IDEAS home Printed from https://ideas.repec.org/a/eee/appene/v135y2014icp407-414.html
   My bibliography  Save this article

The fluctuations of China’s energy intensity: Biased technical change

Author

Listed:
  • Wang, Ce
  • Liao, Hua
  • Pan, Su-Yan
  • Zhao, Lu-Tao
  • Wei, Yi-Ming

Abstract

The fluctuations of China’s energy intensity have attracted the attention of many scholars, but fewer studies consider the data quality of official input–output tables. This paper conducts a decomposition model by using the Divisia method based on the input–output tables. Because of the problems with input–output tables and price deflators, we first produce constant prices to deflate the input–output tables. And then we consider different levels of biased technical change for different sectors in the adjusting the input–output table. Finally, we use RAS technique to adjust input–output matrix. Then the decomposition model is employed to empirically analyze the change of China’s energy intensity. We compare the decomposition results with and without biased technical change and do sensitive analysis on the level of biased technical change. The decomposition results are that during 2002–2007, the energy intensity of coal and electricity increased, the changes were mostly attributed to the structural change and the contribution was 594.08%, 73.88%, respectively; as for crude oil and refined oil, the energy intensity decreased, the changes were mostly attributed to the changes in the production technology and the contribution was 978.89%, 246.95%, respectively. And the results of sensitive analysis shows that 1% variation of the level of biased technical change will cause at most 0.6% change of decomposition results. Therefore, we can draw our conclusions: compared to the decomposition without biased technical change, decomposition results are sensitive to the level of biased technical change; the level of biased technical change can be determined by the difference in the change rate of total factor productivity and energy efficiency.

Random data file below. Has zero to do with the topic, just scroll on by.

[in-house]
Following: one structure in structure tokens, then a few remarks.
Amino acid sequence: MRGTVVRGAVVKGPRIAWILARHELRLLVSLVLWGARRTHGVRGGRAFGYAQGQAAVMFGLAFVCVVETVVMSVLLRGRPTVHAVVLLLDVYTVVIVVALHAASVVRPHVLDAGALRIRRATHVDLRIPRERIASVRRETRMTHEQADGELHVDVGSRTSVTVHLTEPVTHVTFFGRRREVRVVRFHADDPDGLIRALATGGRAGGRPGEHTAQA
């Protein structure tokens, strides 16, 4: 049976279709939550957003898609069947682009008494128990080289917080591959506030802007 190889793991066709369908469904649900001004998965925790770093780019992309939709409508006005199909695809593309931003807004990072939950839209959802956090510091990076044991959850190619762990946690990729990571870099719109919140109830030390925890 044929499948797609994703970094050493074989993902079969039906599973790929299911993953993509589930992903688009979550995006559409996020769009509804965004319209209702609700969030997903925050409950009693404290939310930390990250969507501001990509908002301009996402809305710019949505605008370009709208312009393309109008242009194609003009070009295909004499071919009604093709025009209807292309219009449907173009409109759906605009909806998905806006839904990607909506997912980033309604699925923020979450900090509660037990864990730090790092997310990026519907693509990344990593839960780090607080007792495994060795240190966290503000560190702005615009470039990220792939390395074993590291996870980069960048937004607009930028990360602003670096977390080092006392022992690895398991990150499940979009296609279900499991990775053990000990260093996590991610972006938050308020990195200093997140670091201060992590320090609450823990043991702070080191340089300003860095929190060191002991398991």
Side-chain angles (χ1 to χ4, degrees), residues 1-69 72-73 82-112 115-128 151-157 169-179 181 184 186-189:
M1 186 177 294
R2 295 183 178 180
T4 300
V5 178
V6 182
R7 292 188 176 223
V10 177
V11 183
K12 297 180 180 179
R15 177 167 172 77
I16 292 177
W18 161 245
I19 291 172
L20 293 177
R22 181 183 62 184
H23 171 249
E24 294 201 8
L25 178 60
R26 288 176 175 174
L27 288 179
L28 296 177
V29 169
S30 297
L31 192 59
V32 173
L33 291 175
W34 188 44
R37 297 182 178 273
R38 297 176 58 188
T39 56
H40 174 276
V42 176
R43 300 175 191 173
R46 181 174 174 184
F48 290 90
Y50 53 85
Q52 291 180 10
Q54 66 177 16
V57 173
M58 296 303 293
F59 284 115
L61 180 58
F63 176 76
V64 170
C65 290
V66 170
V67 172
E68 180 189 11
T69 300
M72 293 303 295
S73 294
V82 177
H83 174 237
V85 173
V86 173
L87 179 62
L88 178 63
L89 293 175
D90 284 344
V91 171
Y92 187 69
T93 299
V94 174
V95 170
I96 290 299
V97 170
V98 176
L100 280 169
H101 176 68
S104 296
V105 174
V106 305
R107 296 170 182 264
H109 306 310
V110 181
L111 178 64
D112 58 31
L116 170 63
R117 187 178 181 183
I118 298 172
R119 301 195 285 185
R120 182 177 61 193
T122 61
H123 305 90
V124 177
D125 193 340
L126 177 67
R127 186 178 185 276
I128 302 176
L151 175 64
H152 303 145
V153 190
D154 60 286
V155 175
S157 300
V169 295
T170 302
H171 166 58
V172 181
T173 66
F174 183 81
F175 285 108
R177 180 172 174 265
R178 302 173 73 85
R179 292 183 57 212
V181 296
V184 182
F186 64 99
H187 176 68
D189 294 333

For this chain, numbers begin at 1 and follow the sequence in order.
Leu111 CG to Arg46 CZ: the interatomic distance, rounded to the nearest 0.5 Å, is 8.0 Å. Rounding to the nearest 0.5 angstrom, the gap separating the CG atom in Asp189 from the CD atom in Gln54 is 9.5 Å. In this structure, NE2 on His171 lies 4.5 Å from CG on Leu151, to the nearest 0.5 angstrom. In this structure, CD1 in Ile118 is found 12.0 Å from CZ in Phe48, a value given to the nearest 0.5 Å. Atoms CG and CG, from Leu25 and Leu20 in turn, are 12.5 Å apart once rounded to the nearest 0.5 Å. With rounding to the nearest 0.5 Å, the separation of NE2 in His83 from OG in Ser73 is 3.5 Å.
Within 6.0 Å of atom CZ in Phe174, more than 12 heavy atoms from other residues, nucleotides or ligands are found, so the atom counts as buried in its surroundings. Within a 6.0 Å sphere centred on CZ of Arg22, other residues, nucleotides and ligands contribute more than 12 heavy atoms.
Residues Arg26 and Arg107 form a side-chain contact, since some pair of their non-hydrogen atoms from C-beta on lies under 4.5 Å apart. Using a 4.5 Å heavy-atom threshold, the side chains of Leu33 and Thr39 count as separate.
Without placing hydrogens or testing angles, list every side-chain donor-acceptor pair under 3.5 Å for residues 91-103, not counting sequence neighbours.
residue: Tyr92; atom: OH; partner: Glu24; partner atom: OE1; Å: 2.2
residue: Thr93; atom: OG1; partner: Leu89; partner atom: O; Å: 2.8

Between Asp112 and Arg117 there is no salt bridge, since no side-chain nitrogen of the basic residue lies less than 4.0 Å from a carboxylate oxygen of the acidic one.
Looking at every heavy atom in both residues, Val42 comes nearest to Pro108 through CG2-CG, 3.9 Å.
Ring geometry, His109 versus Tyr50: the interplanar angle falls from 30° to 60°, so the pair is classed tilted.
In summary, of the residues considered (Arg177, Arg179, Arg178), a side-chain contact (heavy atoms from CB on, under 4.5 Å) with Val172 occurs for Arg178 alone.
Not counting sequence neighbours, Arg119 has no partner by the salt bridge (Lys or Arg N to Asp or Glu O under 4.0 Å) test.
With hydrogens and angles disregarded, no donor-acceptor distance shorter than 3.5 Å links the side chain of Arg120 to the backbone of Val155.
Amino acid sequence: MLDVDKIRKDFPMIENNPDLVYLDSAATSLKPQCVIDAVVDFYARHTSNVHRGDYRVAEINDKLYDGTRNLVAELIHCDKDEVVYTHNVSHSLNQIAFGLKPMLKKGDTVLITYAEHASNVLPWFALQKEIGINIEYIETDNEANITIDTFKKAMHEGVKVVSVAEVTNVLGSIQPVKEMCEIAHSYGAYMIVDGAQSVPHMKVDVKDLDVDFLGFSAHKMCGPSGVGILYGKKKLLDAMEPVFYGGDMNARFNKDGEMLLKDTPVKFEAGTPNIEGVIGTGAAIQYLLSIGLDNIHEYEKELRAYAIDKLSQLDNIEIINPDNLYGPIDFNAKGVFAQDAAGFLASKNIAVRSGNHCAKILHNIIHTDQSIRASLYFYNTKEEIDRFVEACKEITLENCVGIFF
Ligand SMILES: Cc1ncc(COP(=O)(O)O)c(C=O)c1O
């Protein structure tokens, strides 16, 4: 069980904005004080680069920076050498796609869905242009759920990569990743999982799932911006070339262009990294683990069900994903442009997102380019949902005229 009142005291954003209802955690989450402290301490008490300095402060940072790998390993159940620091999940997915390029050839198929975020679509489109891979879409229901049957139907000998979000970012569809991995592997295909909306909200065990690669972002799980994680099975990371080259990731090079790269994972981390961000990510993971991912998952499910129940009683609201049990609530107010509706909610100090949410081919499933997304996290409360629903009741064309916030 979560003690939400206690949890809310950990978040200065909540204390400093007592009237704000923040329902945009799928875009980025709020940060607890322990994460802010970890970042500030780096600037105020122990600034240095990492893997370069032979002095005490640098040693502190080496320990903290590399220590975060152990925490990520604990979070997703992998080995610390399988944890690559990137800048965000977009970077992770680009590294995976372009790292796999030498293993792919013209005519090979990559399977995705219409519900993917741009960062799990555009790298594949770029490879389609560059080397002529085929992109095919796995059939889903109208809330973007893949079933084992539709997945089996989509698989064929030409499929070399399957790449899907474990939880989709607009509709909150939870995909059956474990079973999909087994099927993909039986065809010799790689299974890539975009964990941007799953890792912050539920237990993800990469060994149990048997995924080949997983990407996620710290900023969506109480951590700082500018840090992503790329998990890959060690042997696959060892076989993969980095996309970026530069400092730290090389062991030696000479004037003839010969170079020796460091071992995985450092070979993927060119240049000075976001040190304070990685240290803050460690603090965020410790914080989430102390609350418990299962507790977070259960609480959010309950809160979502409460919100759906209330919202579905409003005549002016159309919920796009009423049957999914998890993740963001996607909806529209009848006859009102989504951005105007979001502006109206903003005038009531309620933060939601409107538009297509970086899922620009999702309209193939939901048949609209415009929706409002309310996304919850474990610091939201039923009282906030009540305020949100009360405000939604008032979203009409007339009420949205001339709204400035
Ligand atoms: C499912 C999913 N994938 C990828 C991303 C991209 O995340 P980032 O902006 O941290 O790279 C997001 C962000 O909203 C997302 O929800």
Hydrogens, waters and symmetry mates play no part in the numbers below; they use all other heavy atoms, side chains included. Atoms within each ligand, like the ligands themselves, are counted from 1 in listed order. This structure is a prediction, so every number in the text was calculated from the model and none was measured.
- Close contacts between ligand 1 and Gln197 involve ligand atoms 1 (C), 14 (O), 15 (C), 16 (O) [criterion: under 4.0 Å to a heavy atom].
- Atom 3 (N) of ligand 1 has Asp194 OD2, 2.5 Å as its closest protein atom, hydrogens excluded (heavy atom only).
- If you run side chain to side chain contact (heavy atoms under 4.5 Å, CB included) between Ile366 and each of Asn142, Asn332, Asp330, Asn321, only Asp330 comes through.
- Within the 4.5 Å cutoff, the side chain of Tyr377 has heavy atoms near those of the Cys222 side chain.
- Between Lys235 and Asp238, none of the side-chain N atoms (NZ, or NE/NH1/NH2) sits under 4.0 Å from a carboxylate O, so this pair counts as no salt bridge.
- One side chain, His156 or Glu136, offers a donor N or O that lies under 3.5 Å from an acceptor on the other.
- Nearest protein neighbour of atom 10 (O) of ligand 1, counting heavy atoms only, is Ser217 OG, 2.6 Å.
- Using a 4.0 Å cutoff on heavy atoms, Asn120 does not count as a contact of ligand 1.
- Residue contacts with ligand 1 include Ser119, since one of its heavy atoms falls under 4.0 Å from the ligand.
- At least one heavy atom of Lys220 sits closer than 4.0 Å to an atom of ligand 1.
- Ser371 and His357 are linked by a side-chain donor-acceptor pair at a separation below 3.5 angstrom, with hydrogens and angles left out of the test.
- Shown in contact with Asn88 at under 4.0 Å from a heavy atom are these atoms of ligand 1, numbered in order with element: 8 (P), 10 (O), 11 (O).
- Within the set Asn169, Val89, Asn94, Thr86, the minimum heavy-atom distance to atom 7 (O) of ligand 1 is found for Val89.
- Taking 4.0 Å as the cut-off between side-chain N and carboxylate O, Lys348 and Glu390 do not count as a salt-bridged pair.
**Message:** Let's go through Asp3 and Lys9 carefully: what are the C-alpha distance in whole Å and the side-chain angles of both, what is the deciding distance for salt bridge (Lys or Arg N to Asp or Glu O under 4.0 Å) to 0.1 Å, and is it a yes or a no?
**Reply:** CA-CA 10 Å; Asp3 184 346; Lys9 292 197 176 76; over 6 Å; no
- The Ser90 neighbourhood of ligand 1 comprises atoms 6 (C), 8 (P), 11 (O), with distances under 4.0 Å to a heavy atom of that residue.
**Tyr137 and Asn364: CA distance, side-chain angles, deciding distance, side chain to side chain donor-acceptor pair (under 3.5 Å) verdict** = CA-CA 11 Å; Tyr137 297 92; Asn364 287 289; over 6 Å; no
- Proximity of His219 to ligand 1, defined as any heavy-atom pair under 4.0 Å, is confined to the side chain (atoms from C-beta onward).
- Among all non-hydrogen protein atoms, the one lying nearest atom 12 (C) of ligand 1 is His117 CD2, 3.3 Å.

Suggested Citation

  • Wang, Ce & Liao, Hua & Pan, Su-Yan & Zhao, Lu-Tao & Wei, Yi-Ming, 2014. "The fluctuations of China’s energy intensity: Biased technical change," Applied Energy, Elsevier, vol. 135(C), pages 407-414.
  • Handle: RePEc:eee:appene:v:135:y:2014:i:c:p:407-414
    DOI: 10.1016/j.apenergy.2014.06.088
    as

    Download full text from publisher

    File URL: http://www.sciencedirect.com/science/article/pii/S0306261914008976
    Download Restriction: Full text for ScienceDirect subscribers only

    As the access to this document is restricted, you may want to look for a different version below or search for a different version of it.

    Other versions of this item:

    References listed on IDEAS

    as
    1. Hulten, Charles R, 1973. "Divisia Index Numbers," Econometrica, Econometric Society, vol. 41(6), pages 1017-1025, November.
    2. Cellura, Maurizio & Longo, Sonia & Mistretta, Marina, 2012. "Application of the Structural Decomposition Analysis to assess the indirect energy consumption and air emission changes related to Italian households consumption," Renewable and Sustainable Energy Reviews, Elsevier, vol. 16(2), pages 1135-1145.
    3. Hua Liao, . "China Country Report," Chapters, in: Shigeru Kimura (ed.),Analysis on Energy Saving Potential in East Asia, chapter 5, pages 115-130, Economic Research Institute for ASEAN and East Asia (ERIA).
    4. Cong, Rong-Gang & Wei, Yi-Ming & Jiao, Jian-Lin & Fan, Ying, 2008. "Relationships between oil price shocks and stock market: An empirical analysis from China," Energy Policy, Elsevier, vol. 36(9), pages 3544-3553, September.
    5. Ma, Chunbo, 2014. "A multi-fuel, multi-sector and multi-region approach to index decomposition: An application to China's energy consumption 1995–2010," Energy Economics, Elsevier, vol. 42(C), pages 9-16.